Syntek Capital

11/1/2001

3:30pm-4:30pm

Multi-agent games are becoming an increasingly prevalent formalism for the study of electronic commerce and auctions. In order to act efficiently in such complex settings agents will adopt both representational and computational restrictions on their behavior (much as in the rest of artificial intelligence and machine learning). Computational game theory studies the impact of such restrictions on the outcome of games.

In this talk, I will present some of my recent work with colleagues at AT&T Labs in this area beginning with a motivating description of a trading-agent competition in which we participated. Following that, I will present a result that analyzes the behavior of agents that incrementally adapt their strategy through gradient ascent on expected payoff, in the simple setting of two-player, two-action, iterated general-sum games. I will show that surprisingly either the agents will converge to a Nash equilibrium, or if the strategies themselves do not converge, then their average payoffs will nevertheless converge to the payoffs of a Nash equilibrium. Finally, I will introduce a compact graph-theoretic representation for multi-party game theory and provide a provably correct and efficient algorithm for computing approximate Nash equilibria in (one-stage) games represented by trees or sparse graphs.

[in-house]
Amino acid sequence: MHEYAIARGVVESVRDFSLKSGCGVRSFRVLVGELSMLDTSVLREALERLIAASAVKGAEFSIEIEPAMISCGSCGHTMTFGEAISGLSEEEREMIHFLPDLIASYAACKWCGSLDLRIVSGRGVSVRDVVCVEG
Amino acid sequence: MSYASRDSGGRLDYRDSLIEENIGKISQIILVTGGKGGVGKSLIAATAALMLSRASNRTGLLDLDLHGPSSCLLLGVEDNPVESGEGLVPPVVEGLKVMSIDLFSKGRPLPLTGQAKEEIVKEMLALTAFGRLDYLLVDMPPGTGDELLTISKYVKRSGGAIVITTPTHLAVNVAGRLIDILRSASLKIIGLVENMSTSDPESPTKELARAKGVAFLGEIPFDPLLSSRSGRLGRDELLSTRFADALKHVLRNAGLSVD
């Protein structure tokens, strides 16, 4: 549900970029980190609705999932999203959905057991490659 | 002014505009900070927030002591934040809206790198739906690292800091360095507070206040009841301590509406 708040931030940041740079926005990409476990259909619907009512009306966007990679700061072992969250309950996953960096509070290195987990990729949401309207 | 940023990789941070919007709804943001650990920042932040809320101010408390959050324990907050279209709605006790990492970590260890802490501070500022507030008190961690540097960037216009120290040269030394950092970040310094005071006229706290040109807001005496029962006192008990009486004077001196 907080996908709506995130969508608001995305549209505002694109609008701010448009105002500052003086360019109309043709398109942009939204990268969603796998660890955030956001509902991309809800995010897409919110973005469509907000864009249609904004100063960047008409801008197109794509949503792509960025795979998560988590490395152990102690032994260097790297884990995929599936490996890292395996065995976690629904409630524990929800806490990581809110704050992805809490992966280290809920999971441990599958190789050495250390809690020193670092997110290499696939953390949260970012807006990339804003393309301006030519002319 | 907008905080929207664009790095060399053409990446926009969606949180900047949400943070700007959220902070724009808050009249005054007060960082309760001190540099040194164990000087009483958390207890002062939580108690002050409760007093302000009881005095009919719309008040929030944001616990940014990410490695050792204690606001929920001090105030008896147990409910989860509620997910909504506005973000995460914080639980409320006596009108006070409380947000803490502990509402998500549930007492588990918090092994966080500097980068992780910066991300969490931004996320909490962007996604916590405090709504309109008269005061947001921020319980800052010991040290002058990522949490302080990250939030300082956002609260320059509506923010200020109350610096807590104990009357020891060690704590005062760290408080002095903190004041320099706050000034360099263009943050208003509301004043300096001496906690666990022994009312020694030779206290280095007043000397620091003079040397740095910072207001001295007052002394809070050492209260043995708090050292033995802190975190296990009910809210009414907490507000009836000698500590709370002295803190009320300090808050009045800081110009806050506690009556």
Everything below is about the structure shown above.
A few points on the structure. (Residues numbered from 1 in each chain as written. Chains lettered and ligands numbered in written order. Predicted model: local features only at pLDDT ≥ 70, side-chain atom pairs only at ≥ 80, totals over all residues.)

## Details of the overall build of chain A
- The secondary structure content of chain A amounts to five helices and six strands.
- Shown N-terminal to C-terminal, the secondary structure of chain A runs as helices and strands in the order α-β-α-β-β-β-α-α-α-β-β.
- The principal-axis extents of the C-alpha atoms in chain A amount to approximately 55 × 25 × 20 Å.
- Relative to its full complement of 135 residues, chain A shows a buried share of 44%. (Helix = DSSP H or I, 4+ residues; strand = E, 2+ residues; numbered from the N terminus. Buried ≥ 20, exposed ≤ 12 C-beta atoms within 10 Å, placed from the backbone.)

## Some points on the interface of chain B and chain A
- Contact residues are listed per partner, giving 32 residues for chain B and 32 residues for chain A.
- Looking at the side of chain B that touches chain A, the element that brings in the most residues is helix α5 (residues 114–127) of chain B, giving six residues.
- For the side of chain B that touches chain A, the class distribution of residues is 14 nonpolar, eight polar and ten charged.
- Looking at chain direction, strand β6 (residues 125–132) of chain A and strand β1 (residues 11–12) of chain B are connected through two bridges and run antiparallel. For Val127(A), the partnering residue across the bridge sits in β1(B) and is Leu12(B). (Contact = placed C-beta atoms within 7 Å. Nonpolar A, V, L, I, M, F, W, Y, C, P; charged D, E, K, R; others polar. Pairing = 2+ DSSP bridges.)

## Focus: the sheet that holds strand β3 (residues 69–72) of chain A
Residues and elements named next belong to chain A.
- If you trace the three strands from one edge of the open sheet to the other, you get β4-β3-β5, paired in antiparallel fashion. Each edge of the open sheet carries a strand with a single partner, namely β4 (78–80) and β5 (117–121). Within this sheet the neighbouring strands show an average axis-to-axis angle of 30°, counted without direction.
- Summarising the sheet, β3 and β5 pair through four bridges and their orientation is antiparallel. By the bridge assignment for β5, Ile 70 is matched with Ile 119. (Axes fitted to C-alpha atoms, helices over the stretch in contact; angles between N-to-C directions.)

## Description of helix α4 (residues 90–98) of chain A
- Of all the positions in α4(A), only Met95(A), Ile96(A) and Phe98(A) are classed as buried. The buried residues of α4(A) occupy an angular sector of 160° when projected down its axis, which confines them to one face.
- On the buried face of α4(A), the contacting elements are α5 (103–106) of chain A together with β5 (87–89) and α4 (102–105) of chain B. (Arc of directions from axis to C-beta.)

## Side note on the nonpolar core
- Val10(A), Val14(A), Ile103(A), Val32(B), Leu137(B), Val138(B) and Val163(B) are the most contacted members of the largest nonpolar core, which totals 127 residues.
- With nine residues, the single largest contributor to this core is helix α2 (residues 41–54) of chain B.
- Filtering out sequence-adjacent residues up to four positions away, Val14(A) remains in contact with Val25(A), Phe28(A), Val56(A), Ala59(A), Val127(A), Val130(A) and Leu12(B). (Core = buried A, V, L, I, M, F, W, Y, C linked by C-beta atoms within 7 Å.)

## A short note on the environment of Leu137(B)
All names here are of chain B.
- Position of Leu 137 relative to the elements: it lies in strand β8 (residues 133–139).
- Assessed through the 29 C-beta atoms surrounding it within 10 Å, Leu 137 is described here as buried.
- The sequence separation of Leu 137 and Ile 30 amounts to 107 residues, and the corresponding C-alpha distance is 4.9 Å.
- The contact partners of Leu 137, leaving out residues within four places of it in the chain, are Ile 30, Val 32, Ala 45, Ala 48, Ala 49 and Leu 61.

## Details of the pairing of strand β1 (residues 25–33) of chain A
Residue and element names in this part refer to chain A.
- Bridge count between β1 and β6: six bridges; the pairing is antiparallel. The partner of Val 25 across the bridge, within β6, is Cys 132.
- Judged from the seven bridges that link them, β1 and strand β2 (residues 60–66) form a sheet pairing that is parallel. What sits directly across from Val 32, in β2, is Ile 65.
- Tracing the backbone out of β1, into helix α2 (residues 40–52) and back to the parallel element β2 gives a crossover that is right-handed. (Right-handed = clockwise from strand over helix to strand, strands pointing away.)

*Hosted by Michael Mozer.Refreshments will be served immediately following the talk in ECOT 831.*

Department of Computer Science

University of Colorado Boulder

Boulder, CO 80309-0430 USA

webmaster@cs.colorado.edu

University of Colorado Boulder

Boulder, CO 80309-0430 USA

webmaster@cs.colorado.edu